Cheers

 

Jamo

Share this post


Link to post
Share on other sites

Only difference between a small rust patch and a large one is the size of the patch.

 

And the only difference between one patch and 100 rust patches is the time it takes.

 

It may look bad, but with time, patience, perserverance and practice it should be repairable.

 

Good luck !

 

That is very true. But only if you can do the work your self. Or it

Is the difference between being able to afford it or being broke. :)

Share this post


Link to post
Share on other sites

Hmmmm....I can't agree on the big patch little patch being the same!

 

Little patches that aren't structural in nature are relatively straight forward. To rebuild the floor and recreate all the flanges where panels come together and get spot-welded, along with internal structural panels (roof panel) that must be reproduced to maintain the integrity of the car is a horse of a different color. Sure it can be done, but it takes considerable skill, experience and equipment to ensure it is done well and production tolerances and appearances are recreated.

 

That kind of rebuild is worlds apart from a few small cosmetic patches.

 

I don't say this to be unkind, but to ensure newcomers to restorations are not lulled into an unrealistic mindset regarding the scale of major structural body repairs.

 

Jamo

Share this post


Link to post
Share on other sites

The point Im making is SAFETY......

This is not a shell but a coffin.

Im the first one to encourage new owners ,  But, C'mon guys bit of common sense here.

Share this post


Link to post
Share on other sites

Welcome,

 

the shell is definately worth saving being a low numbers car, it all depends how much time and money you have. You may be best trying some of the most difficult sections first, if you can master those, you will be able to do the simpler stuff easily. Were you going to keep the sunroof or replace the roof? This might be worth trying first to see if it is salvageable or if the rust has gone too far.

 

I suggest you also buy the 240Z shell that is on ebay at the moment for all the spare panels inc roof.

 

Cheers. :)

Share this post


Link to post
Share on other sites

Whoah, not much optimism in here guys... Ledge, I'll definitely shoot you a PM in a couple of days if you want to come around and have a look, you'd be more than welcome.

 

Cheers Jamo, appreciate the concern. I'm completely aware that this will end up costing more than finding a decent Z for ~$9,000, but I'm not after something that I'm going to buy, give a fresh lick of paint and call it a day. I'm also completely aware that structurally, it will be hard to re-create the original strength of the car. I'm think that anywhere I can't see, I'm happy to make it somewhat ugly, but very strongly reinforced. I know the sunroof significantly reduces the structural integrity of the Z and I'll be doing everything I can to make sure that I'm not driving around in a deathtrap.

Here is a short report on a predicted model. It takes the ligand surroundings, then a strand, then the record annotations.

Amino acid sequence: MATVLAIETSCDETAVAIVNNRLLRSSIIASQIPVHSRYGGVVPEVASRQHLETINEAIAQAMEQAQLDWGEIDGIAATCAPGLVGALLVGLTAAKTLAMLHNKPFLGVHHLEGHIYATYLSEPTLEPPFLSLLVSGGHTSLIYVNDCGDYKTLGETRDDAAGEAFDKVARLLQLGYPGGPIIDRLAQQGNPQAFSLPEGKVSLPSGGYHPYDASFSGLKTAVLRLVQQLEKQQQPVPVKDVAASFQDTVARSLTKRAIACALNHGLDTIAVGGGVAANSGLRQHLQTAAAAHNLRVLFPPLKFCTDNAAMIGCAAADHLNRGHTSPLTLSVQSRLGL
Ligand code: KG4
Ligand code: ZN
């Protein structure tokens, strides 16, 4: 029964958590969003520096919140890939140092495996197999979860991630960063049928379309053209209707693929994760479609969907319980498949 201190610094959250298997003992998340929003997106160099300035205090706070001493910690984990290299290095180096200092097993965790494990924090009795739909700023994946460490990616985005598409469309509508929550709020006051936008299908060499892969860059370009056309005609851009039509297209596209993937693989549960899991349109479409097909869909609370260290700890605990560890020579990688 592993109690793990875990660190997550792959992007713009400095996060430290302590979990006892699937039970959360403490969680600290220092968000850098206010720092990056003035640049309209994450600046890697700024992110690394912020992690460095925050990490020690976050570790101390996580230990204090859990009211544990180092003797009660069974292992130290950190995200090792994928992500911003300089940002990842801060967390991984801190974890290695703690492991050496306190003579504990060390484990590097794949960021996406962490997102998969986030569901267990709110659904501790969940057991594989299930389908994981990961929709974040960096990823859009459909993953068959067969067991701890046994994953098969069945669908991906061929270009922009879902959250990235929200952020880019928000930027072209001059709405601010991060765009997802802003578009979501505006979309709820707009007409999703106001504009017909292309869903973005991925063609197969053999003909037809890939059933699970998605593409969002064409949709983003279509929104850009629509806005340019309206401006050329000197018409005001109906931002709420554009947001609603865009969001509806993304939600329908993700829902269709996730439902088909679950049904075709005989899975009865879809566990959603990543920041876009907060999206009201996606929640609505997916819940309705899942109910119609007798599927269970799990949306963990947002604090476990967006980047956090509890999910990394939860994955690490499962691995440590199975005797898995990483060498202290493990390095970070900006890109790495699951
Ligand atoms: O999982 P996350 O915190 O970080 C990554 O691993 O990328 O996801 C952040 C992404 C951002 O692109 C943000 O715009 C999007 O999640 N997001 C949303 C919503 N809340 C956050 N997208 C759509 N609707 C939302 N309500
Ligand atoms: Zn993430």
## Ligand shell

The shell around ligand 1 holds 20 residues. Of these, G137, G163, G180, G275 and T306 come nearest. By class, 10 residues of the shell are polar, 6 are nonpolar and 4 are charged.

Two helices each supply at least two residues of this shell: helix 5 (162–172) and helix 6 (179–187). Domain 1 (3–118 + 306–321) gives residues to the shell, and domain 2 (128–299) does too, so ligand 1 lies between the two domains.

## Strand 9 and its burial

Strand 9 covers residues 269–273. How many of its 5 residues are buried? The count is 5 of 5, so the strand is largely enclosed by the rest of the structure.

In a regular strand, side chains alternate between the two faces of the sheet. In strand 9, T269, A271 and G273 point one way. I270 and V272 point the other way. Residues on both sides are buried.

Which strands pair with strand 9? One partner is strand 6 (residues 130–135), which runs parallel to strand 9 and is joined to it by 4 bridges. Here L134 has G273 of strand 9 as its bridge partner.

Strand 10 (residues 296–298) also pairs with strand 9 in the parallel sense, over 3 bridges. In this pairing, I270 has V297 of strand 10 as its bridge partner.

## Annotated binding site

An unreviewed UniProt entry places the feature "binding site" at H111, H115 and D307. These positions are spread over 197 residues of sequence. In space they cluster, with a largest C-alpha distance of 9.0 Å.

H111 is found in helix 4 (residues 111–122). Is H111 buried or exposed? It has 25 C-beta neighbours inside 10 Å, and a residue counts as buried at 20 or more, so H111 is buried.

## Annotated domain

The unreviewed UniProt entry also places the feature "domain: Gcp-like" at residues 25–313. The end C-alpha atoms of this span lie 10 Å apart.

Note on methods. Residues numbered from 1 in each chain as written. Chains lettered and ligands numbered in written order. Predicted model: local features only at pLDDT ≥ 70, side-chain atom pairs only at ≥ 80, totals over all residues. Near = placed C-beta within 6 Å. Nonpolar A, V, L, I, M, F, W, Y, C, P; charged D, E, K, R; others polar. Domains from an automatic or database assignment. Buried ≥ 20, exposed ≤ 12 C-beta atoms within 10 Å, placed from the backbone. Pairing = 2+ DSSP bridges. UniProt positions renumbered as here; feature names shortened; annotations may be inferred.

Also Chris, as above. I'm aware that it's going to take some long hard thinking to get this as stiff and strong as it should be. But time is on my side here, I can wait to make sure I do a proper job of it all.

 

Thanks Brabham. I'm thinking of going front-back, otherwise I'll spend years chasing little bits and pieces around the place, not being truly sure of how much progress I've actually made. Front-back and I can see the progress I've made very easily.

 

I'm not 100% sure about the sunroof Brabham. If it's allowable under historic rego I think it'll stay, otherwise I'll be trying to find a decent roof skin. I've seen that 240z track shell, and I'd definitely be keen but it's in Brisbane and I'm in S.A.. Transport would probably be about $900 considering it's non-rolling... I've shot the guy a PM expressing my interest in the major repair parts I need, will have to just wait and see how the eBay auction pans out. I've pulled the shitty canvas sunroof completely off, I think tomorrow I'll get rid of the framing... Hopefully that'll let me see underneath the roof-skin a bit, I'll then be able to see the extent of the cancer underneath the skin... The surface around the sunroof is in comparably good condition, but I'll wait to see before I say anything for sure.

 

 

People have restored far worse, and I have youth on my side. I need something in my life that I can focus my spare time and energy on, and I've loved Z's since I first saw them.

 

Anyway enough rambling, time to sleep off a few too many beers.

Share this post


Link to post
Share on other sites

Dont take the responses the wrong way.

Some of the blokes who will say walk away know full well whats involved in a restoration your going to be looking at, know the pain and $$$$ of such a job.

Others (like me) want you to make sure you decide your path on a full understanding of exactly what your getting yourself into, hence my comment of get the shell blasted.

personally, i would love to see you restore this, you say you have youth on your side? that also means that as you learn the skills to restore this, you'll be able to teach them onto a new generation of people. That in itself is incredibly valuable.

 

Anyways, good luck with it, and dont forget the detailed build thread with lots of pics.  ;)

Share this post